Nicolas Sarkozy’s centre-right party scored a crushing victory in French local elections tonight, strengthening the former president’s chances of a comeback in 2017.
Marine Le Pen’s far-right Front National made sweeping gains in council seats but looked likely to fall short of its ambition to capture one or two councils for the first time.
The ruling Socialists lost about half of the 61 départements or counties they had controlled, including traditional left-wing bastions in the industrial north, the greater Paris area and President François Hollande’s own fiefdom of Corrèze in the south-west.
The result was a stinging rebuff for Mr Hollande and the Prime Minister, Manuel Valls – but fell short of the utter humiliation that the Left had feared a few weeks ago. Mr Valls fought a vigorous campaign and will not suffer the fate of his predecessor, Jean-Marc Ayrault, who was sacked after the Socialists scored only 14 per cent in the European elections a year ago.
He said tonight that the Left had been punished for its internal quarrels and for failing to present a more united front to the electorate. He pointed to evidence that the French economy is finally recovering – including an increase in consumer spending power. He urged Socialist supporters to “maintain hope” for 2017.
Mr Sarkozy’s centre-right Union pour un Mouvement Populaire (UMP) and its allies seemed likely to win at least 60 of the 98 départements in mainland France. After fighting a controversial hard-right campaign, which verged on Islam-bashing, Mr Sarkozy said tonight that the electorate had “massively rejected the most archaic Left in Europe” and set his movement on course to regain power in national elections in two years’ time.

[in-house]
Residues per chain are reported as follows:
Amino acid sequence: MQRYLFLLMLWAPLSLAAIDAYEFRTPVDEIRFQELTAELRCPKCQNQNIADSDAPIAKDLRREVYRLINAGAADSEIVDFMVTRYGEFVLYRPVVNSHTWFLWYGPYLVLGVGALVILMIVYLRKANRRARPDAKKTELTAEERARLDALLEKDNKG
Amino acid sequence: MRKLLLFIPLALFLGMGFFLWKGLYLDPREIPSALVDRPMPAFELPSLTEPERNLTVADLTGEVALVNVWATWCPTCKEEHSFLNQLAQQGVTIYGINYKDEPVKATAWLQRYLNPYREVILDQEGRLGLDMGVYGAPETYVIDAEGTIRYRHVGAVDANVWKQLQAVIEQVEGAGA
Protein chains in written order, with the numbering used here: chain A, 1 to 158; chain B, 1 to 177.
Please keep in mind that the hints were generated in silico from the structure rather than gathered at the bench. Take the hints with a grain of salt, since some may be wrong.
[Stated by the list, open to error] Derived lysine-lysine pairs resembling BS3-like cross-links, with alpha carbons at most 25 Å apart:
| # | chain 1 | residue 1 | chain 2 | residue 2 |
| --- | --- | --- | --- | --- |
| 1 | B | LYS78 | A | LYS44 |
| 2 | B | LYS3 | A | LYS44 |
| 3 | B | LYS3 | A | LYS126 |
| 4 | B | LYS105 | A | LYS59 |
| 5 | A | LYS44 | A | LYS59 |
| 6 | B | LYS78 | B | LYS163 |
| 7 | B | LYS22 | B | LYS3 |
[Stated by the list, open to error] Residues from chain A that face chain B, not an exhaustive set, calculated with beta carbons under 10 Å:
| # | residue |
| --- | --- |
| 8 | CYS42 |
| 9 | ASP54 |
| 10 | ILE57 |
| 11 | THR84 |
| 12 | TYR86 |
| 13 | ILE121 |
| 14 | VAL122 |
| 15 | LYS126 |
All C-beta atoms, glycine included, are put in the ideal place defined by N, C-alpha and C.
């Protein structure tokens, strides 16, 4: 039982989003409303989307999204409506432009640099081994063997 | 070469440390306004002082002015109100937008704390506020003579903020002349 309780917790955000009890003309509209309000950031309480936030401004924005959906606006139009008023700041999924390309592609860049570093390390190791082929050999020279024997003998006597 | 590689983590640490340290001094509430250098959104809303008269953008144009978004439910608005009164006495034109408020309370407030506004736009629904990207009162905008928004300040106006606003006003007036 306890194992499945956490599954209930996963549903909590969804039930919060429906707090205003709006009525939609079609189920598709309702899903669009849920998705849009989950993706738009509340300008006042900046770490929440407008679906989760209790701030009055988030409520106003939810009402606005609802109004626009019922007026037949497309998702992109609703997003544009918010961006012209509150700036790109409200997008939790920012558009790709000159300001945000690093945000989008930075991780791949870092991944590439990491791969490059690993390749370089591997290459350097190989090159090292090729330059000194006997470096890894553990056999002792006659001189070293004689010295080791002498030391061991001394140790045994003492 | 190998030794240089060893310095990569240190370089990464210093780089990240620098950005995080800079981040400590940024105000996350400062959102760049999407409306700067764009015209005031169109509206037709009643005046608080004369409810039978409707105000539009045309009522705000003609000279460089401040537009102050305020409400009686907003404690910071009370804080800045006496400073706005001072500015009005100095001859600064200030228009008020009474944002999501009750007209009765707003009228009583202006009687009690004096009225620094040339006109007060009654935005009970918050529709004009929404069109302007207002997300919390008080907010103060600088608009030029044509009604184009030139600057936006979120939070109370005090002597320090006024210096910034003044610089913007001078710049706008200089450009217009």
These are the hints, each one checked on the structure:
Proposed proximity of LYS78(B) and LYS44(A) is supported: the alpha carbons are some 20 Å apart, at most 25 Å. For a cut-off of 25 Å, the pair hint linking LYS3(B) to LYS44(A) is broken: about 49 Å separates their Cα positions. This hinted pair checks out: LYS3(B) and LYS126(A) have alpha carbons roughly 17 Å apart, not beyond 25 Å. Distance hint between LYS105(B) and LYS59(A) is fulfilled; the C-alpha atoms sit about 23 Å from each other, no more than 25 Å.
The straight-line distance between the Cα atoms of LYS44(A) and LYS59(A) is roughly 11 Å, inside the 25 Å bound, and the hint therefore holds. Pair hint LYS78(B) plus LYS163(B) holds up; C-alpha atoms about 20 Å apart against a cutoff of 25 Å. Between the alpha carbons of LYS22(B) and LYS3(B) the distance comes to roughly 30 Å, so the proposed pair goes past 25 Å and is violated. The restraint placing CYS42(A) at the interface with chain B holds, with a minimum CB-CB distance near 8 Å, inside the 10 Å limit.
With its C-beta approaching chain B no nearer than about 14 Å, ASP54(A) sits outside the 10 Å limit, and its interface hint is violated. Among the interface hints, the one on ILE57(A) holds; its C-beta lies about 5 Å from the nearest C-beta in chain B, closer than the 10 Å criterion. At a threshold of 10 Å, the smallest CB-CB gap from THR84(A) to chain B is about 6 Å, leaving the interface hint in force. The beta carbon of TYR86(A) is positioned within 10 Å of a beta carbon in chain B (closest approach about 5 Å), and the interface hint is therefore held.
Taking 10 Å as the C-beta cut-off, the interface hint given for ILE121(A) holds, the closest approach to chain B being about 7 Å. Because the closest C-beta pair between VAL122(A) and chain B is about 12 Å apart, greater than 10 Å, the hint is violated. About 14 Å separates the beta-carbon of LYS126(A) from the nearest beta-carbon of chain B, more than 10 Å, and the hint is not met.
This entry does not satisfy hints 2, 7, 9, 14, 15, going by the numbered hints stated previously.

His approach has, however, angered many other senior figures on the centre-right and widened splits within his UMP party.
The two-round local council elections have demonstrated the growing strength of Ms Le Pen’s sanitised far right movement. They have also exposed its fragilities.
In the first round last Sunday Ms Le Pen failed to justify her boast that the FN was France’s most popular political party. She scored 25 per cent nationwide, compared with 29 per cent for UMP and its allies and 21.5 per cent for the Socialists (or 27 per cent, including close allies).
Tonight it seemed that she had failed to capture any départements outright – not even Vaucluse in the Rhône valley or Aisne, north of Paris, where the FN scored heavily last week.
However, Ms Le Pen can justifiably claim to have ended the long-standing centre-left versus centre-right duopoly of French politics.
Since she became the FN leader in 2011, she has moved to the left on economic issues and made moves to stamp out overt racism within the party (with mixed results). She has also pursued a strategy of patient conquest from the grassroots upwards.
By capturing something like 100 council seats nationwide tonight – compared with just two seats in the last similar election in 2011 – she will have massively increased the far-right presence in the basement of French politics.
But she still faces popular opposition: in Hénin-Beaumont near Lille on Sunday morning four bare-breasted women from the Femen movement – wearing blonde Marine Le Pen wigs and Adolf Hitler moustaches – demonstrated against the FN leader.
Mr Sarkozy fought an uncompromisingly hard-right campaign, frequently sounding more “lepenniste” than Ms Le Pen. His key campaign promise was to abolish separate meals for Muslim (and Jewish) children when pork is served in school canteens. Giving Muslim kids a choice was an attack on France’s “secular” state, he said.
Mr Sarkozy returned as UMP president last September. He wanted to pile up a big score last night to improve his chances in the first ever centre-right presidential “primary” which will be fought next year.
The former president faces tough competition for the centre-right nomination from the calmer, more thoughtful – but older – former Prime Minister Alain Juppé, 69. In recent days Mr Juppé has made it clear that he finds Mr Sarkozy’s Islam-bashing vulgar and destructive.
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